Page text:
SSS Benefits You Might Be Missing

SSS Benefits You Might Be Missing

Social Security System or SSS is a unique identifier of every Filipino employee. It is a government body that offers social insurance programs for employees in the Philippines. Every Juan who’s part of the Philippine labor force is part of this program – for life.

But do you know the details surrounding this great program? In reality, what’s happening is that employees get deducted every month for the SSS contribution, but have zero idea of the why’s, what’s and how’s of SSS.

Is Becoming an SSS Member Worthy?

There is a lot of debate in terms of how worthy becoming an SSS member is for Juan Dela Cruz. Many raise doubts whether all the years of paying monthly contribution will be of use in the end.

SSS is mandated by law. It is a steady and dependable program for life. It is a type of social insurance you can rely on whether you die too soon or live too long. For employees who work 8 to 10 hours a day, 5 times a week, knowing that all the hard-earned money are kept safe and secure is important.

Today I’ll show you the three main reasons why you need SSS. I hope this post can help you decide to apply for one or continue paying for your monthly contributions.

SSS Is Member-Friendly

You need to be employed in an occupation that has SSS coverage so you could start to be covered by the SSS benefits. Don’t worry because becoming an SSS member is a requirement. The contributions you remit on a monthly basis are considered as part of your long term savings. You can’t withdraw your membership in SSS. Your contributions are not subject to a refund.

SSS is a member-friendly system. Employers are held liable once they fail to report an employee for his or her SSS coverage. If this happens, the employer must pay the benefits if the employee dies, becomes disabled, gets sick, or retires.

The employer must also shoulder all the unpaid contributions of the employee with a penalty of three percent per month. Non-compliants are held legally responsible in the Philippine law with a criminal case.

Employees, on the other hand, should make sure their contributions are remitted. I also advise you to register with My.SSS so you can access all your SSS information online. Make sure that your personal records are updated and corrected by submitting an E-4 or Member’s Data Amendment Form. If you want to really make use of your benefits, then always be informed on the changes and improvements in the SSS policies that are being made.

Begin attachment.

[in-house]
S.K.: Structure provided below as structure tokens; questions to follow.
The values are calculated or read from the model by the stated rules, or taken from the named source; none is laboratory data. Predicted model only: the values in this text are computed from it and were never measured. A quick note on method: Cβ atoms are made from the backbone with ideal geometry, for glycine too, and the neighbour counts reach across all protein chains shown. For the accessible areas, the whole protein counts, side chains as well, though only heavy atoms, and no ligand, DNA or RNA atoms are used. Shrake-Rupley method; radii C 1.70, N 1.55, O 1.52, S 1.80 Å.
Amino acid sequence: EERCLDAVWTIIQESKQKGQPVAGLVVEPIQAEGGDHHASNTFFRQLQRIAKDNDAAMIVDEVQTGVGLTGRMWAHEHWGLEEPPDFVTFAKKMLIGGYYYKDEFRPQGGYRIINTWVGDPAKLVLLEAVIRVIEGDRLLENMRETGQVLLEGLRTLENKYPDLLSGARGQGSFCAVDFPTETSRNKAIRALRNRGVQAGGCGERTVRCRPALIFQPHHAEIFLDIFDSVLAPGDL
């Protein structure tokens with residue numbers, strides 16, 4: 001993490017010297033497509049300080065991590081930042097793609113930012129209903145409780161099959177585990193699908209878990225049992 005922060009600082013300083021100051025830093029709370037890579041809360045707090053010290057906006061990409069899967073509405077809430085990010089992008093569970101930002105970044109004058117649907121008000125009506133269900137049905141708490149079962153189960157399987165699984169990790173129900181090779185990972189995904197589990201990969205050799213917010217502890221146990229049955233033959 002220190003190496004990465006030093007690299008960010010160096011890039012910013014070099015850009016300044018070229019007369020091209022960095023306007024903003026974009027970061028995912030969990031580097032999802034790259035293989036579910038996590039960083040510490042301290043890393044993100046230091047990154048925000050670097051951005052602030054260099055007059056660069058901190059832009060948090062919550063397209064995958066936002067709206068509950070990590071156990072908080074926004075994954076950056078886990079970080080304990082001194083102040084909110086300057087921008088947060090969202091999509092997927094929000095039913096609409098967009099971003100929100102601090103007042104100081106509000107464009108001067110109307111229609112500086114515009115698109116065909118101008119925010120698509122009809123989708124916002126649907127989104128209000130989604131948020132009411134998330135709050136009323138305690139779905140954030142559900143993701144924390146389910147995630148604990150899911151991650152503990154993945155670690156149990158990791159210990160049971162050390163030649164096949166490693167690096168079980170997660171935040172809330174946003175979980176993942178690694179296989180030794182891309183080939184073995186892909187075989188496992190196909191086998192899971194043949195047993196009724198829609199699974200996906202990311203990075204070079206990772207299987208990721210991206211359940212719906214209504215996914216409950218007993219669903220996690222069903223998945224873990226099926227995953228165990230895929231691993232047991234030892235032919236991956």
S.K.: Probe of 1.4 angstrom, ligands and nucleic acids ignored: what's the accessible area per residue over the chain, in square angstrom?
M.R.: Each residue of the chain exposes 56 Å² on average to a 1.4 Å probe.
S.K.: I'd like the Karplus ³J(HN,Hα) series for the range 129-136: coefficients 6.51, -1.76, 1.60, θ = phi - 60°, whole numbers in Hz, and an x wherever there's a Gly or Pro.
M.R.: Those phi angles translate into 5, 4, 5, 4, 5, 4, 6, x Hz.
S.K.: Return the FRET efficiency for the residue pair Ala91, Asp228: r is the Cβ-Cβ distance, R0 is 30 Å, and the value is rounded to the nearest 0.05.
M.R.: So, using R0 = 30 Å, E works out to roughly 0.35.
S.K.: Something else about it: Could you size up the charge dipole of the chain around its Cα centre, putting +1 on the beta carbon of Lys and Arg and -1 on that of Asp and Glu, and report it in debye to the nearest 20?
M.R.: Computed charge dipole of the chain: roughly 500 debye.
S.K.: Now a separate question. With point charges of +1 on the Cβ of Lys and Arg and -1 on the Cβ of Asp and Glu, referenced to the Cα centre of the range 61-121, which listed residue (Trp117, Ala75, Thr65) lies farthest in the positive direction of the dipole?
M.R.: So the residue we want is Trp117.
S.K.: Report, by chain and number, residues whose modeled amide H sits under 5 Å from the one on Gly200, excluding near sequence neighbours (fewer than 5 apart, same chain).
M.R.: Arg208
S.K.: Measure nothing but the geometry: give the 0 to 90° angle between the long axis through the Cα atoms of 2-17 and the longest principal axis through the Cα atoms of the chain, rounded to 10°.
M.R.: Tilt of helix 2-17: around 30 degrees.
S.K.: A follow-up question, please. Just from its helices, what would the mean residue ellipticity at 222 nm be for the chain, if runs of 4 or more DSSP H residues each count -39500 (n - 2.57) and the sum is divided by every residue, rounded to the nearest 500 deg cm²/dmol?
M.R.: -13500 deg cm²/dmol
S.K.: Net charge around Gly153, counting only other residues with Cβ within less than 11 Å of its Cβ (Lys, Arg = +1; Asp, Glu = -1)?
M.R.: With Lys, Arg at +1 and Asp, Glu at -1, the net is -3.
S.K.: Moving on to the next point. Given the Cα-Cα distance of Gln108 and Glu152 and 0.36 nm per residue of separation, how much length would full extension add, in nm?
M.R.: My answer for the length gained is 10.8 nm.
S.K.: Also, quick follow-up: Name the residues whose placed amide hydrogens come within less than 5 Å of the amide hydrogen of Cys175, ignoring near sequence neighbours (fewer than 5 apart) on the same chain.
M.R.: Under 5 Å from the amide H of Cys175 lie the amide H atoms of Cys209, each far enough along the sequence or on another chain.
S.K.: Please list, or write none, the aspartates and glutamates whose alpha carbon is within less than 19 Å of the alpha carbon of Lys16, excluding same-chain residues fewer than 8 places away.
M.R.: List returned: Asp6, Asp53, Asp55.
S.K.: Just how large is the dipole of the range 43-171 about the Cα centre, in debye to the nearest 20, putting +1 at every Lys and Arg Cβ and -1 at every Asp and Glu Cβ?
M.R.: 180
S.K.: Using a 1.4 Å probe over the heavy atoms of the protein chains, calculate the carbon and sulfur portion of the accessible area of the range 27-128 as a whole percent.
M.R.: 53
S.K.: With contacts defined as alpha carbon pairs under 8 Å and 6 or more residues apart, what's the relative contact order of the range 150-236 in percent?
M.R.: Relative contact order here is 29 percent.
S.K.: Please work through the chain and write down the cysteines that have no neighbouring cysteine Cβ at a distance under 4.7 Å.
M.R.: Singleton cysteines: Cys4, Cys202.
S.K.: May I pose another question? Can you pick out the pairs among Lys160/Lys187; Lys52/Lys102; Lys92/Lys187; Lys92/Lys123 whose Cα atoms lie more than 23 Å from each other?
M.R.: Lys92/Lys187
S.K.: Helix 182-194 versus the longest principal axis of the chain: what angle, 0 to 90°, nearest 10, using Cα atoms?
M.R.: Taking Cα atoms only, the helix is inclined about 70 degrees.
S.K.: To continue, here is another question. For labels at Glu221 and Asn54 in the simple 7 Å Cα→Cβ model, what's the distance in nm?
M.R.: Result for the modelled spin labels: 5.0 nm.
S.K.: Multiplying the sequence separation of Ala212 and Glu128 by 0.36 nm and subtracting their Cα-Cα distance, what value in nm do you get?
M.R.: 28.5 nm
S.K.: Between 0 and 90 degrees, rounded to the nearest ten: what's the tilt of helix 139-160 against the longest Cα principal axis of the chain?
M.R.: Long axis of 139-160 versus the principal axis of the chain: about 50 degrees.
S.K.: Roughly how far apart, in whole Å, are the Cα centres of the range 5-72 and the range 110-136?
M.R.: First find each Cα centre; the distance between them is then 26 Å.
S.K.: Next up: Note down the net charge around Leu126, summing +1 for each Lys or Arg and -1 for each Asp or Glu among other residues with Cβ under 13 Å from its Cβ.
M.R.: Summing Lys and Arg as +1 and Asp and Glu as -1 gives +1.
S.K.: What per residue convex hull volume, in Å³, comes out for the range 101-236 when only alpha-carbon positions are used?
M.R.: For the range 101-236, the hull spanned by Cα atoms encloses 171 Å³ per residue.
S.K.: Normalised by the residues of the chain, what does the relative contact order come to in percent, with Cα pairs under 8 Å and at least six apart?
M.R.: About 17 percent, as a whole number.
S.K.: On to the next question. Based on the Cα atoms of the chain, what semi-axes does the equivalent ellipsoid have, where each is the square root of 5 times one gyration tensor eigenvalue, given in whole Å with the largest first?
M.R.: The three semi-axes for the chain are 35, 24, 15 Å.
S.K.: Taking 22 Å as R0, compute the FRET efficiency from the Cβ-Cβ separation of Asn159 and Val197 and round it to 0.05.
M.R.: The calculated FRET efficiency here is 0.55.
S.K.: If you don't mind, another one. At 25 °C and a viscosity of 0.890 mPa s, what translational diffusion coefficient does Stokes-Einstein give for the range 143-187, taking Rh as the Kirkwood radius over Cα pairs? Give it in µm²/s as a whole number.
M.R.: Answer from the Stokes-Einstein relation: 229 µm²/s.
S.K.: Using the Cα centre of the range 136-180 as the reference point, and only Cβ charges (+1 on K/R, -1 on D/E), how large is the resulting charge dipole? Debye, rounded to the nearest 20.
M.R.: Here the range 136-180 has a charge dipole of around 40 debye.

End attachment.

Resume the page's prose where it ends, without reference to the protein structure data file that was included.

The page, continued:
Enjoy Six Major Life Benefits

There are six (6) major types of benefits for SSS members. Each benefit has corresponding conditions for a member to qualify and a precise explanation and detail on the amount of benefit.

  • Sickness Benefit is a daily cash allowance paid for the number of days a member is unable to work due to valid sickness or injury. The member’s Sickness Benefit allowance is equivalent to 90% of his/her average daily credit and will only be granted up to a maximum of 120 days in one calendar year.
  • Maternity Benefit is a daily cash allowance given to a female member who is unable to work due to childbirth or miscarriage. To be eligible for this benefit the member must have paid at least three months of contributions within the 12-month period before the semester that birth or miscarriage occurred.
  • Disability Benefit is a cash benefit offered either as a monthly pension or a lump sum to any member who becomes partially, totally or permanently disabled. Qualified members are given a Disability Pension together with a P500.00 Supplemental Allowance.
  • Retirement Benefit is the most common reason why employees are encouraged to become an SSS member. It is a cash benefit granted either as a monthly pension or a lump sum to a member who reached the retirement age or can no longer work due to age. The retired member receives monthly Retirement Pension plus a 13th Month Pension every December.
  • Death Benefit is a cash benefit given as a monthly pension or a lump sum to the beneficiaries of a deceased member. Again, Death Pension is given with a 13th Month Pension every December.
  • Funeral Benefit is a funeral grant of P20,000.00 for the burial expenses of the deceased member.

Loan Programs from SSS

Additionally, what I like with SSS is that they continually advance their services for members. You don’t have to wait for your pension years to use your contributions. An SSS member can also apply for loans. If you have any personal financial need, you can easily apply for a salary loan. However, I discourage applying for a loan if your only intention is to experience how is it hold cash from a loan. I’m sure you’ve already heard this from someone, “If you won’t apply for a loan, someone will use your records and apply for a loan on your behalf.” Don’t be gullible. If you don’t have a business to fund or anything that really needs funding, don’t apply for a loan. Remember, a loan is a type of debt.